Wonderfully animated illustrations and a dramatic story, even if it’s unfair to mountain lions.


In this children’s picture book, a bison can’t seem to connect with others of his kind, but he’s protective of the many friends he has.

On the prairie lives a bison known as Boomer, because when he runs, his hooves go “BOOM-BOOMER-BOOM!” He sometimes seems to see other bison in the distance, but when he tries to run after them, he can never catch up. Luckily, though, Boomer counts numerous other creatures among his friends, including a jackrabbit named Hop-Hopper-Hop; a butterfly, Flit-Flitter-Flit; and Tweet-Tweeter-Tweet, a meadowlark. They’re all scared of Roar-Roarer-Roar, a mountain lion, and for good reason: he has sharp claws and teeth, as well as a sharp intellect. One day, when Boomer leaves his friends and climbs a hill to search for other bison, Roarer sees his chance and attacks. When Boomer hears the meadlowlark’s frightened twittering, he runs to defend them, booming even “louder than Roarer could roar” and frightening him away. Afterward, the friends realize that they’re also a family. Viola (Nightmares Unhinged, 2015, etc.) tells an emotional story in which danger and loneliness resolve into good feelings of unity and mutual care. The language has a pleasing drama and rhythm: “When Boomer tiptoed, his name sounded soft.  Boom… Boomer… Boom. When Boomer ran, his name thundered across the valley. BOOMBOOMERBOOM!” Parents who desire accurate depictions of nature, though, may dislike how a predator, a necessary part of the food chain, is villainized. This is certainly traditional in children’s literature, but some other books on prairie animals are more realistic. Illustrators Bell and Lovett contribute greatly to the storytelling with their full-color, varied, and highly expressive—almost cinematic—pictures, which show the prairie’s beauty. The animals are well-rendered, dynamic, and realistic; their faces show a gamut of emotions from sweetness to cunning.

Wonderfully animated illustrations and a dramatic story, even if it’s unfair to mountain lions.

Pub Date: June 27, 2017

ISBN: 978-0-9988265-0-9

Page Count: -

Publisher: Jam Publishers

Review Posted Online: May 31, 2017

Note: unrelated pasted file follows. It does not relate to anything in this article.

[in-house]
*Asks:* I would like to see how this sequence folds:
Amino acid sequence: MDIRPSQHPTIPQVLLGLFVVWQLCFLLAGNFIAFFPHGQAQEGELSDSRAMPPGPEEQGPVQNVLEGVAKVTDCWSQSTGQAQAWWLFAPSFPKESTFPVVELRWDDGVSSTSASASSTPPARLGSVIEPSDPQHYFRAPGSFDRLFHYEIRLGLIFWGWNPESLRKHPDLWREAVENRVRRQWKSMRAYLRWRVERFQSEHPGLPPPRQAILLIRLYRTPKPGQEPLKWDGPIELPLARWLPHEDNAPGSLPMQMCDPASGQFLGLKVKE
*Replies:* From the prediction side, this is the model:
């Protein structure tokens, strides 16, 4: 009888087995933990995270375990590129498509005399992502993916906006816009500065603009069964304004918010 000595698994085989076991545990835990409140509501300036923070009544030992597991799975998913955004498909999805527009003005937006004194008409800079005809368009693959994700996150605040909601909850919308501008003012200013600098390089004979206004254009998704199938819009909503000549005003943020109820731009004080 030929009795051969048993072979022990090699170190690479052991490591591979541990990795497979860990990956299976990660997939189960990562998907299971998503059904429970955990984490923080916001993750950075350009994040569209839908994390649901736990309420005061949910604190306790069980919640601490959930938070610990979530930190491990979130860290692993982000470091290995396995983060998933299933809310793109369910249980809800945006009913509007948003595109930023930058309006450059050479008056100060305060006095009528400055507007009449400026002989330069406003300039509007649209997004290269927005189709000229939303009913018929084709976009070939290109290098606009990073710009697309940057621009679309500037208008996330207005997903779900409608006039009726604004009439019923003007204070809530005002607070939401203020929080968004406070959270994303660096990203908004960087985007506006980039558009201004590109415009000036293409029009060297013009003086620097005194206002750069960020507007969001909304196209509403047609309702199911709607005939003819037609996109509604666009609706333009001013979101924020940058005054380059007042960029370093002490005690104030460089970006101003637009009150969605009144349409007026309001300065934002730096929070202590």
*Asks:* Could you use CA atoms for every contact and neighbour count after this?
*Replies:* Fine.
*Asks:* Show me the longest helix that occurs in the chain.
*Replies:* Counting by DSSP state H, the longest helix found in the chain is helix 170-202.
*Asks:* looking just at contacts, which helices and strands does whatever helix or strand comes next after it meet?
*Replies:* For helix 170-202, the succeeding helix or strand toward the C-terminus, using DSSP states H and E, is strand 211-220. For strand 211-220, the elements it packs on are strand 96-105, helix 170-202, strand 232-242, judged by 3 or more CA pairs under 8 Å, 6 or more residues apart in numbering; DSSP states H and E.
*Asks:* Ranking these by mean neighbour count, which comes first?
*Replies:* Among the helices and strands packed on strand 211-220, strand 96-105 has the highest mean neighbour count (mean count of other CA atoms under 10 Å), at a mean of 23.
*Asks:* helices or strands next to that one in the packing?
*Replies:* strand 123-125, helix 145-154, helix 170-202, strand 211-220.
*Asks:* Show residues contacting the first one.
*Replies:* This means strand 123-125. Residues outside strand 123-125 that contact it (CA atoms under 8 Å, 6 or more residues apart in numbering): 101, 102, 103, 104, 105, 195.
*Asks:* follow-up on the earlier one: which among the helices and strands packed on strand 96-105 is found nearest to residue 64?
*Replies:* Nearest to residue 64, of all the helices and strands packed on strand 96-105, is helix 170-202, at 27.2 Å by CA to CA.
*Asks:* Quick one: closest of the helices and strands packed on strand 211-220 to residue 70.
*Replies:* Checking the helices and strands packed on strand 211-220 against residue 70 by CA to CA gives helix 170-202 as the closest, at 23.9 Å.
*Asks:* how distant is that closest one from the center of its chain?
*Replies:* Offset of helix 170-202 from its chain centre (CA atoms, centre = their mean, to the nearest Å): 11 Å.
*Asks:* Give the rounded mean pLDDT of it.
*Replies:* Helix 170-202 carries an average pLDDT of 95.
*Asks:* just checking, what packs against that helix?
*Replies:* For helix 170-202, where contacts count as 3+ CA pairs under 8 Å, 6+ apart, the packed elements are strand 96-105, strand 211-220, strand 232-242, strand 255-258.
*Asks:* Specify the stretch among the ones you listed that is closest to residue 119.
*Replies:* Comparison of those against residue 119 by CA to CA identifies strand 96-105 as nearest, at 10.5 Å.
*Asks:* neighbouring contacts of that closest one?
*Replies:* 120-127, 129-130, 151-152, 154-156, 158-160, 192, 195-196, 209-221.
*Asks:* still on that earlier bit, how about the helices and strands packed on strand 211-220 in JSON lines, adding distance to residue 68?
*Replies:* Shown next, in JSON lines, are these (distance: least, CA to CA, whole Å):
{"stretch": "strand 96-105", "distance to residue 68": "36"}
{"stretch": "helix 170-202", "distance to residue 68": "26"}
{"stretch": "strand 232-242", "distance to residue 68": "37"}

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The seemingly ageless Seeger brings back his renowned giant for another go in a tuneful tale that, like the art, is a bit sketchy, but chockful of worthy messages. Faced with yearly floods and droughts since they’ve cut down all their trees, the townsfolk decide to build a dam—but the project is stymied by a boulder that is too huge to move. Call on Abiyoyo, suggests the granddaughter of the man with the magic wand, then just “Zoop Zoop” him away again. But the rock that Abiyoyo obligingly flings aside smashes the wand. How to avoid Abiyoyo’s destruction now? Sing the monster to sleep, then make it a peaceful, tree-planting member of the community, of course. Seeger sums it up in a postscript: “every community must learn to manage its giants.” Hays, who illustrated the original (1986), creates colorful, if unfinished-looking, scenes featuring a notably multicultural human cast and a towering Cubist fantasy of a giant. The song, based on a Xhosa lullaby, still has that hard-to-resist sing-along potential, and the themes of waging peace, collective action, and the benefits of sound ecological practices are presented in ways that children will both appreciate and enjoy. (Picture book. 5-9)

Pub Date: Oct. 1, 2001

ISBN: 0-689-83271-0

Page Count: 40

Publisher: Simon & Schuster

Review Posted Online: May 20, 2010

Kirkus Reviews Issue: Sept. 15, 2001

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A sweet, soft conversation starter and a charming gift.

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A paean to teachers and their surrogates everywhere.

This gentle ode to a teacher’s skill at inspiring, encouraging, and being a role model is spoken, presumably, from a child’s viewpoint. However, the voice could equally be that of an adult, because who can’t look back upon teachers or other early mentors who gave of themselves and offered their pupils so much? Indeed, some of the self-aware, self-assured expressions herein seem perhaps more realistic as uttered from one who’s already grown. Alternatively, readers won’t fail to note that this small book, illustrated with gentle soy-ink drawings and featuring an adult-child bear duo engaged in various sedentary and lively pursuits, could just as easily be about human parent- (or grandparent-) child pairs: some of the softly colored illustrations depict scenarios that are more likely to occur within a home and/or other family-oriented setting. Makes sense: aren’t parents and other close family members children’s first teachers? This duality suggests that the book might be best shared one-on-one between a nostalgic adult and a child who’s developed some self-confidence, having learned a thing or two from a parent, grandparent, older relative, or classroom instructor.

A sweet, soft conversation starter and a charming gift. (Picture book. 4-7)

Pub Date: March 1, 2017

ISBN: 978-1-943200-08-5

Page Count: 32

Publisher: Compendium

Review Posted Online: Dec. 14, 2016

Kirkus Reviews Issue: Jan. 1, 2017

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